(Photos of Pittsburgh Glass Center, Garfield condos, Penn Ave. homes, Rob Larson)
Named for President James Garfield, this once-blighted neighborhood is bouncing back with an experiment in incubating creative culture and a cluster of mom-and-pop retail along a vibrant stretch of Penn Avenue.
Arts communities – from galleries to an architects’ studio and the renowned Pittsburgh Glass Center—are helping to make Garfield a destination. Creative expression is alive and well in Garfield in the form of public art, ornate graffiti adorning 90-year-old brick buildings, and outdoor murals by students from Rogers School for the Creative and Performing Arts.
The first Friday of every month, up to 1,000 visitors hit Garfield’s streets to tour gallery exhibits, take in glass-blowing demos, and catch music and art at hot spots like Assemble and Garfield Artworks. Unblurred also directs revelers to North Pacific Avenue for the Garfield Night Market, an after-dark bazaar with locally made food, produce from an urban farm, and handmade wares. The Night Market grew out of 6% Place, cityLAB’s strategic urban planning experiment in Garfield based on the theory that a neighborhood becomes an attraction in its own right once creative workers make up 6% of its population.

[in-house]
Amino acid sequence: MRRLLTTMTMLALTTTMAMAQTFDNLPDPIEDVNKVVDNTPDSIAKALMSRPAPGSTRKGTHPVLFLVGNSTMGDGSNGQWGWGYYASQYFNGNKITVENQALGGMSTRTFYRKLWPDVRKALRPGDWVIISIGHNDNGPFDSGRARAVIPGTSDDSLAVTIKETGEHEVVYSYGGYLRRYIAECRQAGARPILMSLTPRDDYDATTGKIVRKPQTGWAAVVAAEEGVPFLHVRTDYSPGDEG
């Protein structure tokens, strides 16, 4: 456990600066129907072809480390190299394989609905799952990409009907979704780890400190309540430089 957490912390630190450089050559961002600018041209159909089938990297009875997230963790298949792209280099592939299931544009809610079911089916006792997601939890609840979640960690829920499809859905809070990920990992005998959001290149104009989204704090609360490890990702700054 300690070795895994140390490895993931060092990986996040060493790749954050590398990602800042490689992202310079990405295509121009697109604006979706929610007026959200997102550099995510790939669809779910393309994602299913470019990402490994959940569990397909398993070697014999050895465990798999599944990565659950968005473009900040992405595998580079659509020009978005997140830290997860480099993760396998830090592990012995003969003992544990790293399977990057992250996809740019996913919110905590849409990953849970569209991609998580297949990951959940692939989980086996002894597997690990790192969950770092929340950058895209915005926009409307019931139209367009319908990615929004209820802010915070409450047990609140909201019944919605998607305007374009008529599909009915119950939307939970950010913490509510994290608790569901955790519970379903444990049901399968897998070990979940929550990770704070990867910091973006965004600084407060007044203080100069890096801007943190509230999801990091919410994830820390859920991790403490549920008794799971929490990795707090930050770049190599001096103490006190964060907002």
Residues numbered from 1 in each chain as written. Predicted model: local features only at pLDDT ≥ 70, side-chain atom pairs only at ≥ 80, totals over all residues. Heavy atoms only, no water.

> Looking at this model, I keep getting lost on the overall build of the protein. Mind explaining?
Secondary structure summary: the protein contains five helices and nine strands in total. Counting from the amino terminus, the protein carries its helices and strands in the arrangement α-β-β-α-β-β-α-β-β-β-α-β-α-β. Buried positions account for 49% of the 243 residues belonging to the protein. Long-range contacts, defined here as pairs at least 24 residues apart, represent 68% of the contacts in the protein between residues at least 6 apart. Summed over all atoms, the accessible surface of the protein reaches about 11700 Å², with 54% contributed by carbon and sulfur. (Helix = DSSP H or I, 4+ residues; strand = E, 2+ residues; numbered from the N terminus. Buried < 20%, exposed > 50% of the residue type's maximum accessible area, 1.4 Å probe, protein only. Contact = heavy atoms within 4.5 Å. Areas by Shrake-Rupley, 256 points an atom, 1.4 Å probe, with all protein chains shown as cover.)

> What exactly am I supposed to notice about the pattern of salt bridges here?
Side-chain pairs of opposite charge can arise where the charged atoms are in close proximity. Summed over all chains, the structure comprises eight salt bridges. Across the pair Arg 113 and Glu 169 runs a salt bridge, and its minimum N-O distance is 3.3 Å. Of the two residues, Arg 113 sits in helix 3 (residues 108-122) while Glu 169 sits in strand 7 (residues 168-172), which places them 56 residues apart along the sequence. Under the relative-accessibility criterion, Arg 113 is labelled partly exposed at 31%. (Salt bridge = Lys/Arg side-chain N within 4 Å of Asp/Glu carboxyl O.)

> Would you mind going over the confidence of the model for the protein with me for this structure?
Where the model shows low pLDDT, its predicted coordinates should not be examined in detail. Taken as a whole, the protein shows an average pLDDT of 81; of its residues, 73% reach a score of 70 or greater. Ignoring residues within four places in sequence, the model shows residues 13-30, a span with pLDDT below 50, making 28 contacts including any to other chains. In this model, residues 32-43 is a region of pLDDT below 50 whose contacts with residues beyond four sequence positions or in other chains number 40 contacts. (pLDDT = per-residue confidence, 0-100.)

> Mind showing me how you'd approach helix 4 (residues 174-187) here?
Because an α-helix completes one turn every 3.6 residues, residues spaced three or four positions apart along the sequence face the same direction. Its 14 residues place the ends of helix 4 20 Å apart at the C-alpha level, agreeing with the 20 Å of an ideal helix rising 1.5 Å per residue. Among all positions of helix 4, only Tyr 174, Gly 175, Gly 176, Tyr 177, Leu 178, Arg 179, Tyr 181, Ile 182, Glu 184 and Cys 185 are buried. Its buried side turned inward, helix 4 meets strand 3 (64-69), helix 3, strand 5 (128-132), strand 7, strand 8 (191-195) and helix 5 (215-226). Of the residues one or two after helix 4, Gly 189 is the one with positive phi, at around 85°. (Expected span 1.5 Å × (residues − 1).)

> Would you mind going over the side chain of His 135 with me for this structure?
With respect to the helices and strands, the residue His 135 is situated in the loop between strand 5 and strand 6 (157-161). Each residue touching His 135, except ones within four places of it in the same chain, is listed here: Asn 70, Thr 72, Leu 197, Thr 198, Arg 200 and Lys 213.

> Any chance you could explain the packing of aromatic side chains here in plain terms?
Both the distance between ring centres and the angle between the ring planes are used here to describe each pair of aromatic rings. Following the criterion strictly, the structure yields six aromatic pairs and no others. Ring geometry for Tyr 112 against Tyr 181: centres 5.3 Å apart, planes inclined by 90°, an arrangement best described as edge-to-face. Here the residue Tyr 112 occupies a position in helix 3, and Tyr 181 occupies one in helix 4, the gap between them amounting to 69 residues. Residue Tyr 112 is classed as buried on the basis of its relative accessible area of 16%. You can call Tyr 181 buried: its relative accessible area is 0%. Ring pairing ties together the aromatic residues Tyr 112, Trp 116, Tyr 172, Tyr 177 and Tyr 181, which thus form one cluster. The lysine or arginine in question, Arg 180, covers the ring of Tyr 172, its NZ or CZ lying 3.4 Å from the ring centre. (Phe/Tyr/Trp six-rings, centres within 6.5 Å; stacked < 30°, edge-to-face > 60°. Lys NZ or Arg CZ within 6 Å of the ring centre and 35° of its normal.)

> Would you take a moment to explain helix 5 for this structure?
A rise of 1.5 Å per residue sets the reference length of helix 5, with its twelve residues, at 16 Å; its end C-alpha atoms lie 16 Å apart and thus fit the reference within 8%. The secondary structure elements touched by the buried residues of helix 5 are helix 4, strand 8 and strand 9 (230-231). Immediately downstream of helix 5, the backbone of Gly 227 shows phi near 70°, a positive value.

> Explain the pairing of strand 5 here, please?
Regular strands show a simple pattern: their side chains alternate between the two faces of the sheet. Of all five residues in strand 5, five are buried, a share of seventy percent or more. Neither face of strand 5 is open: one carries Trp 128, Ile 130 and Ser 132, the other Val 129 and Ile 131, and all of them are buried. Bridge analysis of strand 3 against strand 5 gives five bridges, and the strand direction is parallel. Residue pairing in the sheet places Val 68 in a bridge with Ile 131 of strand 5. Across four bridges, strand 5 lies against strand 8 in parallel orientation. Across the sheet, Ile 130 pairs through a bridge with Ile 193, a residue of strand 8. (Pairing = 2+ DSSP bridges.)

In the 1990s, tiny family-owned Vietnamese restaurants, African-American barbershops and salons and arts-oriented businesses offered the first wave of retail resurgence in the 1990s. Now they’re joined by trendy upscale eateries like Salt of the Earth, Verde Mexican Kitchen and Cantina (a tequila bar). Together, Garfield’s roots and its rebirth are drawing visitors from across town to this neighborhood less than half a square mile in size. The area is referred to as the Penn Avenue Arts District and also known Garfield/Friendship due to blurred boundaries.
Active community groups serve Garfield’s more than 3,000 residents, who inhabit Victorians, modest row houses, stately old “Pittsburgh Boxes” and modern mixed-use condominiums.
Garfield is still very much a neighborhood in transition. But Penn Avenue’s ever-increasing assets put this community on the cusp of an arts revival.
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